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Tuesday, December 19, 2006

Yet Another Medical Scourge in Russia: Drug-resistant Tuberculosis

The International News reports:

Former Soviet republics and China head the global list for prevalence of multi-drug-resistant tuberculosis (MDR TB), a study to be published in The Lancet on Saturday says. After a survey of 76 countries, researchers led by the World Health Organisation (WHO) estimated that 424,000 cases of MDR TB occurred in 2004. China, India and Russia accounted for half of these cases. MRD-TB accounted for one per cent of worldwide cases of tuberculosis on average. Kazakhstan had the highest prevalence, with 14.2 per cent of TB cases having MDR strains, followed by the Tomsk region in Russia (13.7 per cent), Uzbekistan (13.8 per cent), Estonia (12.2 per cent), Liaoning province in China (10.4 per cent), Lithuania (9.4 per cent), Latvia (9.3 per cent) and Henan province in China (7.8 per cent). In September, the WHO had issued an estimate of 450,000 new MDR TB cases out of around nine million new TB infections. MDR TB is defined as a strain that thwarts at least two of the most potent first-line antibiotics, including isoniazid and rifampicin, that are conventionally used to treat TB. They are precursors to extensively drug-resistant (XDR) strains. XDR TB is a newly-discovered mutation of the TB germ than not only defeats the first line of drugs but the second line too, leaving doctors with a shrinking, preciously hoarded arsenal of medications. XDR TB has triggered a scare in South Africa, reaping a mortal harvest among patients who are co-infected with the AIDS virus. MDR TB is mainly caused by misuse of antibiotics, in which a patient fails to complete the full course of drugs. His or her symptoms disappear but a reservoir of germs remains that are capable of mutating, eventually reviving the disease in the patient and also potentially infecting others.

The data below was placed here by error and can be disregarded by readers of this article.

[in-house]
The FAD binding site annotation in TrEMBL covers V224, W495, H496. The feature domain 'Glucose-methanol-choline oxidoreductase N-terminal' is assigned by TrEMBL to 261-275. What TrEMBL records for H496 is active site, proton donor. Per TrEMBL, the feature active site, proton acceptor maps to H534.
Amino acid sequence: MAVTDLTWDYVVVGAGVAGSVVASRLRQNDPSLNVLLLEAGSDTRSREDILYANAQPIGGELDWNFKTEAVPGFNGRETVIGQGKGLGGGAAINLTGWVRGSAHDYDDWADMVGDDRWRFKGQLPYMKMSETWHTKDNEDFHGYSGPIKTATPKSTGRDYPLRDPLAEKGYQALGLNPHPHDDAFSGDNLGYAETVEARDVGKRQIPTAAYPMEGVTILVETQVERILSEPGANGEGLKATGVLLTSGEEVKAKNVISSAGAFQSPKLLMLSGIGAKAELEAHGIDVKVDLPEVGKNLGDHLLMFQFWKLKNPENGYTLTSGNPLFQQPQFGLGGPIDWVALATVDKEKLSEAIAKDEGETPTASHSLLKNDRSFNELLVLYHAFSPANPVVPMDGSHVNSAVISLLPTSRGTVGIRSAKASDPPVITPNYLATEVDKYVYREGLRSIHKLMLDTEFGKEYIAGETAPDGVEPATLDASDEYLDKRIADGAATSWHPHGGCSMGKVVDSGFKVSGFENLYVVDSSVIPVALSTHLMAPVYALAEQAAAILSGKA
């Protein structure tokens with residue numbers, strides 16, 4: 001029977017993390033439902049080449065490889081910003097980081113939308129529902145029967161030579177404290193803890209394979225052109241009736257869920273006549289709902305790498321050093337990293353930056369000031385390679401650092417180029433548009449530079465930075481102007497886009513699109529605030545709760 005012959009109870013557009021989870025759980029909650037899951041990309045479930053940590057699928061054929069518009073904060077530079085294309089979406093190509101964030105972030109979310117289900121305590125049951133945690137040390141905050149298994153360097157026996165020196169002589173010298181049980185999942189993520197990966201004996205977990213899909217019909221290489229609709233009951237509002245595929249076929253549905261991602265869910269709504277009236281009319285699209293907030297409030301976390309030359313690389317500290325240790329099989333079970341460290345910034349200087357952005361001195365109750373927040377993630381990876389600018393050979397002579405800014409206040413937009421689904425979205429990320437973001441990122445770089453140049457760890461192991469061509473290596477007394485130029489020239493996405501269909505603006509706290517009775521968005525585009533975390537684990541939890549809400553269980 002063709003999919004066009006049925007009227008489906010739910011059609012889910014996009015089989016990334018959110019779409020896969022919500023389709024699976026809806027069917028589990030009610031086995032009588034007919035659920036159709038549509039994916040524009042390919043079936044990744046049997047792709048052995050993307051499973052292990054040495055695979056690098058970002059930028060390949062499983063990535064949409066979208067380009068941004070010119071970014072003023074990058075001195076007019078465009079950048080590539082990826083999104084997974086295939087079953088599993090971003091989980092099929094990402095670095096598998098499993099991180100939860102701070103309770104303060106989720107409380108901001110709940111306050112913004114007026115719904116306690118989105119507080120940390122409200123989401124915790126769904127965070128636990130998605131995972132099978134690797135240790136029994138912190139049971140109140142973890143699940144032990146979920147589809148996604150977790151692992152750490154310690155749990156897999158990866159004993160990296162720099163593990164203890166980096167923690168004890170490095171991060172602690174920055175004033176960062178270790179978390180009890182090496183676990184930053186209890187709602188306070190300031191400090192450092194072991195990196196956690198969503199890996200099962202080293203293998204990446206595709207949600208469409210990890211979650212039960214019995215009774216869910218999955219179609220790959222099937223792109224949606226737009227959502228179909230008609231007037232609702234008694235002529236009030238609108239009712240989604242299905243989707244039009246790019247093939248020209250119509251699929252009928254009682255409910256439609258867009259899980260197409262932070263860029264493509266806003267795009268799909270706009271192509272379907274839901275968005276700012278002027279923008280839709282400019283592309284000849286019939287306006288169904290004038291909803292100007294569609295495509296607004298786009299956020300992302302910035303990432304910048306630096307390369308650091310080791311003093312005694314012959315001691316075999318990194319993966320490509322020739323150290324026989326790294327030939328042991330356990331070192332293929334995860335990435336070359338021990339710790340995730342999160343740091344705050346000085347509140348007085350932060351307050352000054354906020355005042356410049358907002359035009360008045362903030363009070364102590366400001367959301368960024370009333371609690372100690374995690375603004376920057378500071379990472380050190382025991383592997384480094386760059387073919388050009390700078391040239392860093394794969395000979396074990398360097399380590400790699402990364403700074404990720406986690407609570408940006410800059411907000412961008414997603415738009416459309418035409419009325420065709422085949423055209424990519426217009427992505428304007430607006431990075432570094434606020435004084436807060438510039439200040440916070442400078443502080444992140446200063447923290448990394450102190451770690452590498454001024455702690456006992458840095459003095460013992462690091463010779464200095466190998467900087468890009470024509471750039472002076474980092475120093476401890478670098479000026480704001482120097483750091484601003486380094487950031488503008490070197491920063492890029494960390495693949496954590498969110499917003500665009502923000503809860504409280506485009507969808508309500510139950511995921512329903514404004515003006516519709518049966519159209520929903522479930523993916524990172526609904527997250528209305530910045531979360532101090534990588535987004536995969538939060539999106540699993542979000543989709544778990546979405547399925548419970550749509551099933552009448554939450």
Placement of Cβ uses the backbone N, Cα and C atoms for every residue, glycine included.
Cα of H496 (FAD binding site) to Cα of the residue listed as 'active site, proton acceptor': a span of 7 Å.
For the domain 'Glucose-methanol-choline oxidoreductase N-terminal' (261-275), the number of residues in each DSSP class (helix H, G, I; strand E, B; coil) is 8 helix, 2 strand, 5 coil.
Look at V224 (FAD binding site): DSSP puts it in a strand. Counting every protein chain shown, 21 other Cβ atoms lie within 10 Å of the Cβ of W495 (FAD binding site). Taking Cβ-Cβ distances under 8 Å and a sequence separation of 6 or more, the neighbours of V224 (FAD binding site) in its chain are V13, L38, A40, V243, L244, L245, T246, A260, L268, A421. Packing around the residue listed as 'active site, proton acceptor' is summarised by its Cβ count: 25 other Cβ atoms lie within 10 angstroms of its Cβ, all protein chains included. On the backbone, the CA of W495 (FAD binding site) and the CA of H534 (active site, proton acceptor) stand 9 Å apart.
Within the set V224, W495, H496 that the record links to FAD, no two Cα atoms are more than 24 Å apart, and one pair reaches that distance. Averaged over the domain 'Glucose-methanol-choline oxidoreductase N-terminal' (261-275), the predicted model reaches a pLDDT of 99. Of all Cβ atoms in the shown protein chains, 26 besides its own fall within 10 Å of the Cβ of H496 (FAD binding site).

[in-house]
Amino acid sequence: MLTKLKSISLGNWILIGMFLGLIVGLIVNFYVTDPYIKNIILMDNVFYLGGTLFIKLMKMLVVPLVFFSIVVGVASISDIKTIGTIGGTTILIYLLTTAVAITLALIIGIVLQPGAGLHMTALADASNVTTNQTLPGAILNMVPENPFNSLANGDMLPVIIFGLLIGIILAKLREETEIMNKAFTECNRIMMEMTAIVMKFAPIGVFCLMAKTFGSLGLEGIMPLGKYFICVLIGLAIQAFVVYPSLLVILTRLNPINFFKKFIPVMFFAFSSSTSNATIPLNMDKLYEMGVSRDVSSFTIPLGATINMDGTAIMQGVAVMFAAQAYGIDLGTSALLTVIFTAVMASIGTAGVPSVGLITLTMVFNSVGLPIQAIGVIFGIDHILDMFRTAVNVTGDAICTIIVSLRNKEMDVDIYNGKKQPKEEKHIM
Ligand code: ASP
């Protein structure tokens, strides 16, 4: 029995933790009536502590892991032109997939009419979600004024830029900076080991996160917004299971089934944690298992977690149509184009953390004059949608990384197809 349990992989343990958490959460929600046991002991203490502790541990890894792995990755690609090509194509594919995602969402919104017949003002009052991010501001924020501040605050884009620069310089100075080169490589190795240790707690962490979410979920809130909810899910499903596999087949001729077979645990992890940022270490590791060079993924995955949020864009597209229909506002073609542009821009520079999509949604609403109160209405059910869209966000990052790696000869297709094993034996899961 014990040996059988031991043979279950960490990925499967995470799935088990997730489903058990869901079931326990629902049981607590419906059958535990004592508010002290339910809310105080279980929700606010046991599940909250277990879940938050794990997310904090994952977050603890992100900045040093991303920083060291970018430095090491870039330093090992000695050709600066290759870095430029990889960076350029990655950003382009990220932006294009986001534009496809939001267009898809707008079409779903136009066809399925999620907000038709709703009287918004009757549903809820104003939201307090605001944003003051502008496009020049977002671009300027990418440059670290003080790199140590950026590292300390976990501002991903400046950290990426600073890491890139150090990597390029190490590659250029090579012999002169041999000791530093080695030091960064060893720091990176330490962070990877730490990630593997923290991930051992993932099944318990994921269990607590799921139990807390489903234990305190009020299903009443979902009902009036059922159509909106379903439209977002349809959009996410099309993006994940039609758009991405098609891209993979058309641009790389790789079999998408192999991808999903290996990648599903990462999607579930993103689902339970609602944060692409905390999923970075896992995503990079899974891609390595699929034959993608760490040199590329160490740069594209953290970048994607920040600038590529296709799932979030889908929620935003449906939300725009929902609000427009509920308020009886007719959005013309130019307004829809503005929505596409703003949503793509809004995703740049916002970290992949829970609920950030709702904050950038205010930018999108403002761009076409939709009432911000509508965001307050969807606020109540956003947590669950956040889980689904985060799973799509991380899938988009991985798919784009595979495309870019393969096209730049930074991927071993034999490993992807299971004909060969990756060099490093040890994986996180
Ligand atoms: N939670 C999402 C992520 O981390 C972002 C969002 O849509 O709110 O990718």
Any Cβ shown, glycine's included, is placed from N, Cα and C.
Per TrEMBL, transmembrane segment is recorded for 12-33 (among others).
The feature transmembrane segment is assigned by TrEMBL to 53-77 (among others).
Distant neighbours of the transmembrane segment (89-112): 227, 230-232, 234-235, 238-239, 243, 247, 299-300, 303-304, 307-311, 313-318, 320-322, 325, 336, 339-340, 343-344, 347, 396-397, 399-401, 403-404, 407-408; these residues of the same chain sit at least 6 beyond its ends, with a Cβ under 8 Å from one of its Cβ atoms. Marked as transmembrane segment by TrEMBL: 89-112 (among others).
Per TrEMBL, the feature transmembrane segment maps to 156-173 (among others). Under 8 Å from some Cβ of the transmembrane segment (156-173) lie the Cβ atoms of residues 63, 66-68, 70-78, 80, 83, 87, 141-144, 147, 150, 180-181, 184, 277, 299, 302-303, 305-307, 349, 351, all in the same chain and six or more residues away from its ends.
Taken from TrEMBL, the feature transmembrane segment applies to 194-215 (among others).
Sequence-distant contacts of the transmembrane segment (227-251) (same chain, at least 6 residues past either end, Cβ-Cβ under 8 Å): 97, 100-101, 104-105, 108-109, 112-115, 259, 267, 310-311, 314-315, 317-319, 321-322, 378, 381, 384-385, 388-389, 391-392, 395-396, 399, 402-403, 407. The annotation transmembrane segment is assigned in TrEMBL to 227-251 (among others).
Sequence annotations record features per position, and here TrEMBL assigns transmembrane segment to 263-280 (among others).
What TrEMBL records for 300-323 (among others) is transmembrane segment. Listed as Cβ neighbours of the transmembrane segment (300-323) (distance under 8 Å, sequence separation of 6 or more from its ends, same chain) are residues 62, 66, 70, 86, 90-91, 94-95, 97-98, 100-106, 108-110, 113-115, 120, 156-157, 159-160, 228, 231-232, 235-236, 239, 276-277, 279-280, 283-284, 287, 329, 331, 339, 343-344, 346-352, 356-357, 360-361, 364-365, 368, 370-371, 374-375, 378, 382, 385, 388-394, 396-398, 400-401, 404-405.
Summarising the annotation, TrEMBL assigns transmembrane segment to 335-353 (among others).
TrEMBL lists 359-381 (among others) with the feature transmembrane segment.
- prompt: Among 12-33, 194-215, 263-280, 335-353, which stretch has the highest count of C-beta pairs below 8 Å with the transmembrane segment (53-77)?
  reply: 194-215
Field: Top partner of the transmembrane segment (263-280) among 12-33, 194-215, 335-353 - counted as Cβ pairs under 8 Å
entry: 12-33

Russia is already ill-disposed to address its burgeoning AIDS crisis, and seems to prefer instead to view HIV infection as a sign of a defective person that Russia is well rid of. Obviuosly, unlike China, the Russian population is not nearly vital enough to sustain the ravages of yet another unchecked disease, and Russia is also widely speculated as a ripe target for a bird flu outbreak.

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